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Big money in little Singapore: Can a $220,000 tournament drive e-sport growth in Southeast Asia?

The Nanyang DOTA 2 Championships in Singapore almost fell at the first hurdle, but finished with a resounding roar.

A view of the tournament's arena before the action began.

Aloysius Low/CNET

The biggest e-sport event ever held in Southeast Asia felt like the Titanic on its journey toward the iceberg.

Technical issues and match delays had Twitch viewers and Reddit users baying for blood, while poor ticket sales suggested local fans were just not sold on the idea of turning up in person. Was the Nanyang DOTA 2 Championships, with its prize pool of $220,000, about to scuttle the dreams of fans hoping this was just the beginning for e-sports in the region?

E-sport is already worth billions across the globe and Asia is known as a heartland for competitive gaming fans, but it is South Korea and China where e-sports fly high. In Southeast Asia, things are still growing from a small but passionate base. A failure for the tournament would reset the efforts of local gaming organizers, who have been pushing the region as one worthy of competing with the rest of the world.

With big prize money and fan favourite teams from across the world in attendance, what was going wrong?

"There's a lot of cultural difference between how the Asian broadcast production crews are organized, compared to how a western studio would do it," said David "LD" Gorman, whose US-based studio, Beyond The Summit, was hired as "casters," live commentators and gameplay analysts.

"Also, the expectations of a western audience are different from the Chinese or Asian audience," Gorman said. "I think if we'd had more of an opportunity to communicate with the production staff beforehand, a lot of the issues could have been foreseen and handled better."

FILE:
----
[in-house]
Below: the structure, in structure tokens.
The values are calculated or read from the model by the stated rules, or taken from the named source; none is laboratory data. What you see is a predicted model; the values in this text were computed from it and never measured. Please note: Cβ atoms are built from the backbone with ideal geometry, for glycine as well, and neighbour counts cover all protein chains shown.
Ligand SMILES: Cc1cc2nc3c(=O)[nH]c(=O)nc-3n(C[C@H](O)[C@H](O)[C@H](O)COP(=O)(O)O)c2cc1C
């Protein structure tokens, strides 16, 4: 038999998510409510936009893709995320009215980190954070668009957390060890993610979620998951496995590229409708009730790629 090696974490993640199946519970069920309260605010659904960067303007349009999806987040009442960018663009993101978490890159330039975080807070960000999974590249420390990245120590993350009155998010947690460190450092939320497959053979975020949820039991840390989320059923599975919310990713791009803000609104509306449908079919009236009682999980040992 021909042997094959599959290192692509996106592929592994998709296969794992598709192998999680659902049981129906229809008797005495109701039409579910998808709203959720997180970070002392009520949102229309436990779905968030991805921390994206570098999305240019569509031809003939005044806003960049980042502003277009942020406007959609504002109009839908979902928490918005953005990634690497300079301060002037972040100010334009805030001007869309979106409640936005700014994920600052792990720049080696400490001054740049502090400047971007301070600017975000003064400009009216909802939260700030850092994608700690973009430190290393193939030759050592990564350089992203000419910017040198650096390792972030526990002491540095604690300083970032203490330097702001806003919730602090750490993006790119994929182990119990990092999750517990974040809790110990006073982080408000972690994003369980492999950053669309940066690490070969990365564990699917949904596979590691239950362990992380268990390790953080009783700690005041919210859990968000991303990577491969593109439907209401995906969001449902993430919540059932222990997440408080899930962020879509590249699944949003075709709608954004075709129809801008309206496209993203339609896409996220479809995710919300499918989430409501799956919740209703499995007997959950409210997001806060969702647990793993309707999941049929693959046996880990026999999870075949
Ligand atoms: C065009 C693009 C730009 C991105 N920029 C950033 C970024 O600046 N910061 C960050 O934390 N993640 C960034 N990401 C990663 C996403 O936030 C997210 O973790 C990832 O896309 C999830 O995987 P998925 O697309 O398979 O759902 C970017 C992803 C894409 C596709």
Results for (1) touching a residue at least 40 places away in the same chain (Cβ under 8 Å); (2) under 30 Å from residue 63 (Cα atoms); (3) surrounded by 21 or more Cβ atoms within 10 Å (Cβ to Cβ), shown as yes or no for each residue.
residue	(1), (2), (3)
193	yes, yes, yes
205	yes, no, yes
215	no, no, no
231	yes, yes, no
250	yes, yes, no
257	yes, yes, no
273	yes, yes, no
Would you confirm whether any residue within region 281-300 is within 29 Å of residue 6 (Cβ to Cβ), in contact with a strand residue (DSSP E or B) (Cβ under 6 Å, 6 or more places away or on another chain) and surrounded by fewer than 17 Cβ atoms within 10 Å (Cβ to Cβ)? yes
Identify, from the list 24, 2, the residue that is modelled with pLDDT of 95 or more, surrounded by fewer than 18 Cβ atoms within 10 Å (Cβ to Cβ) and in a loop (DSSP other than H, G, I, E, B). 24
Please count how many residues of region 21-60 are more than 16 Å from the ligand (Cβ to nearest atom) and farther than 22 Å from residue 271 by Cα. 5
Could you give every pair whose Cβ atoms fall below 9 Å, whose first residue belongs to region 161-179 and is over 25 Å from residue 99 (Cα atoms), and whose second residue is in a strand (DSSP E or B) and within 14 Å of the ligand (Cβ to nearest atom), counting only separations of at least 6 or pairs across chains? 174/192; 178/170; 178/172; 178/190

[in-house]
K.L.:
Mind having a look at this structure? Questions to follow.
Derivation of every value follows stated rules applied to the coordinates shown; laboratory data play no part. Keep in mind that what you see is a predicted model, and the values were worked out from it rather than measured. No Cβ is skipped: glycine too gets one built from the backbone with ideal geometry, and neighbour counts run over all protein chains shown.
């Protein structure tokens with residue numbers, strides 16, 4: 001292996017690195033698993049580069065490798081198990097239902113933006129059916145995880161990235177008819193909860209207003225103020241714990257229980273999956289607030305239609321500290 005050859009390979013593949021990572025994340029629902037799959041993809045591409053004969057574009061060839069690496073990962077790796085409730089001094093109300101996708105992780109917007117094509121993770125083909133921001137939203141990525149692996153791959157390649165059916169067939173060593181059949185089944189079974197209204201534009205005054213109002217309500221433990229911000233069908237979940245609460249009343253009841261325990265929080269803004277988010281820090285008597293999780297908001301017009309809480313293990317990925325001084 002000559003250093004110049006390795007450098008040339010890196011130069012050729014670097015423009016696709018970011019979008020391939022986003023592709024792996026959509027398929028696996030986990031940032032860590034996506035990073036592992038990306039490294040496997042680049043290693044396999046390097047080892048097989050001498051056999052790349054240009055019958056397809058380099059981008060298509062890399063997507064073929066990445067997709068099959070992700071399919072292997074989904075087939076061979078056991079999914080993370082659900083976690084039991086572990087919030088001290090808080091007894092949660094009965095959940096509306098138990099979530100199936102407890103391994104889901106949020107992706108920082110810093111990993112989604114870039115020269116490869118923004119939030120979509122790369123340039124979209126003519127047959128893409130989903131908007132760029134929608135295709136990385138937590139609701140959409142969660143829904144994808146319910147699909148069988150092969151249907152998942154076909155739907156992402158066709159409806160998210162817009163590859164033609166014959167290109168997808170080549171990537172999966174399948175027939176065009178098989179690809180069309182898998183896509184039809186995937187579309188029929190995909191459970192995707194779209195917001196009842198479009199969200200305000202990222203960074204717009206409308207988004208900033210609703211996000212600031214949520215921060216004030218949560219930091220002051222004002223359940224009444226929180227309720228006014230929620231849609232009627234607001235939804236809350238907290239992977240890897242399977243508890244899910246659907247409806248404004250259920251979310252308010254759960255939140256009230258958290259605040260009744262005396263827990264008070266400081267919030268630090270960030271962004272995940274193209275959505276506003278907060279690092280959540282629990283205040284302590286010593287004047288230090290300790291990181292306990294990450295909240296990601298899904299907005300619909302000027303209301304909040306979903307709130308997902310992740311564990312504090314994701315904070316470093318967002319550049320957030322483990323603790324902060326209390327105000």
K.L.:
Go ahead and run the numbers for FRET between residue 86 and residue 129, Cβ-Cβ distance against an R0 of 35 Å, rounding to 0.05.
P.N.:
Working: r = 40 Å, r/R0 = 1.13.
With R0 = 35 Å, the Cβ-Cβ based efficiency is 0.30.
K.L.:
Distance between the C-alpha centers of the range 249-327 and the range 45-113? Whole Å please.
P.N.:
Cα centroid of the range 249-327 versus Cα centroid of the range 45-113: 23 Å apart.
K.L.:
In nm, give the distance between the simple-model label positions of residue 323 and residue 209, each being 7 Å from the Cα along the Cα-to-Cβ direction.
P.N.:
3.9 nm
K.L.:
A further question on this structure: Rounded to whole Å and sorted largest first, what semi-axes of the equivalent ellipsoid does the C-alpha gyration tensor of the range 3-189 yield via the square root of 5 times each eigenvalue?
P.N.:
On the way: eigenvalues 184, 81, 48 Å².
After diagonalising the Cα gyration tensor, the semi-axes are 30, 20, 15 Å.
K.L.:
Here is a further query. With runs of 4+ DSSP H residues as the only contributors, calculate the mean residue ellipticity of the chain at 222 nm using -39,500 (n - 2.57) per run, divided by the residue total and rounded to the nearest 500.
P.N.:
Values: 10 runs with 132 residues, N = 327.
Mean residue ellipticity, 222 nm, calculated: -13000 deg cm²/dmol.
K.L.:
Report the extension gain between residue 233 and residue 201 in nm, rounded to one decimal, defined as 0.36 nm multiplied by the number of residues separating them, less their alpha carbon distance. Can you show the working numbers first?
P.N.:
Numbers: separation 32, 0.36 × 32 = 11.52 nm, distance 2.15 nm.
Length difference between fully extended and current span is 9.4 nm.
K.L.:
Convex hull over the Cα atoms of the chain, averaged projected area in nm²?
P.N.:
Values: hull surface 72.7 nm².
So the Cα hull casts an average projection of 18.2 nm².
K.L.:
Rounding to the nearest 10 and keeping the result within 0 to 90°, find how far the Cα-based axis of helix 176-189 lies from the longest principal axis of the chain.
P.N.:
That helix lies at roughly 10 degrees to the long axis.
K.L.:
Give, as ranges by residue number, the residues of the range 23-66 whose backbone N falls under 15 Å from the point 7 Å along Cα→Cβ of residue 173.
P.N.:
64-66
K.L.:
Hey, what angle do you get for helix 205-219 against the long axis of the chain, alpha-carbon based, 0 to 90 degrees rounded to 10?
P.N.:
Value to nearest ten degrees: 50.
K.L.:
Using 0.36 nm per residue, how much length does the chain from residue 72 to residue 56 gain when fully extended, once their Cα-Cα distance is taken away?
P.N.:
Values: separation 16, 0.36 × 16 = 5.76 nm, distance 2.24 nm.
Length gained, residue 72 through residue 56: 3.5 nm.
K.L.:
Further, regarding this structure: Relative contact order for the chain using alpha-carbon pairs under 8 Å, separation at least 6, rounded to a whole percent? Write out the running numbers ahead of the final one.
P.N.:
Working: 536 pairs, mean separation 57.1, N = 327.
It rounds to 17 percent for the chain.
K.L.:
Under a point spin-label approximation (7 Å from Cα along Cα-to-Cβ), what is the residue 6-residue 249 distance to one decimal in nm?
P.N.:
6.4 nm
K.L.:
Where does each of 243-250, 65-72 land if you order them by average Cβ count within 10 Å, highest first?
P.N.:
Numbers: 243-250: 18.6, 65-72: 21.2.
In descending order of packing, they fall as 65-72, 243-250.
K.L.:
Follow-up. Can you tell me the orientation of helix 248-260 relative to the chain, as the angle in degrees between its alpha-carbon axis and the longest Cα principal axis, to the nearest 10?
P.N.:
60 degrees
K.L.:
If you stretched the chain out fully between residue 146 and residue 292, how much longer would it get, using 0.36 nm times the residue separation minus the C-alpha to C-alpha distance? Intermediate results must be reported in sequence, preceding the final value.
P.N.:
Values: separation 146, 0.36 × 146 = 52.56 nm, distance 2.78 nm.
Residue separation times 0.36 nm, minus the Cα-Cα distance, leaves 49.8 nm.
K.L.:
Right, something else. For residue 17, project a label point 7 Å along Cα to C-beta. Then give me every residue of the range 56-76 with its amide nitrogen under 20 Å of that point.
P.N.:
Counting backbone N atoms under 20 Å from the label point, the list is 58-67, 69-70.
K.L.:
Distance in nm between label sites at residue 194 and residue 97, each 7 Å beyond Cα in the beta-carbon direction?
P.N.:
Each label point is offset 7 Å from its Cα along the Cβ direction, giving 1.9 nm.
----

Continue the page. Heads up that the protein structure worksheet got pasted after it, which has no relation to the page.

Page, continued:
Other broadcasters were a little more lenient.

"It's pretty obvious you're going to have production issues on the first day, especially for a new tournament," said Andrew Yatsenko, producer for the Russian broadcast team.

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David "LD" Gorman runs a US-based studio that provides commentary for DOTA 2 games.

Aloysius Low/CNET

But all was not lost. The crew of China-based KeyTV worked all night after day one to solve technical issues, and Singaporean crew stepped in as volunteer translators to bridge some critical language barriers. Meanwhile, ticket giveaways managed to attract over 4,000 fans for the event's grand final on Sunday.

Battling for attention

Valve's Defense of the Ancients 2 is a five-versus-five team strategy game, known as a multiplayer online battle arena (MOBA), where your team aims to destroy the enemy base. Players can choose from over 100 heroes, each with unique abilities, which can make it daunting for beginners but full of variety for spectators.

While the game isn't as popular as its key competitor, Riot's League of Legends (LoL), DOTA 2 has consistently broken records for its crowd-funded prizes. The recent International 5 tournament, held in Seattle, raised a $18.4 million prize pool, nearly nine times the $2.1 million pool of the 2015 LoL World Championship.

In 2014, 40,000 fans in South Korea filled the Seoul World Cup Stadium -- usually the home of the country's national soccer team -- to catch the grand finals of the LoL World Championship. For DOTA 2, a total of 4.6 million viewers watched US team Evil Genius take home the first prize of $6.6 million.

While e-sports have picked up quite a lot of traction in China and Europe, Southeast Asia has been slightly slower on the uptake. It's surprising, given that the region, in particular Singapore, has among the best broadband speeds in the world.

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Fans get passionate, bursting into loud cheers as key plays are made.

Aloysius Low/CNET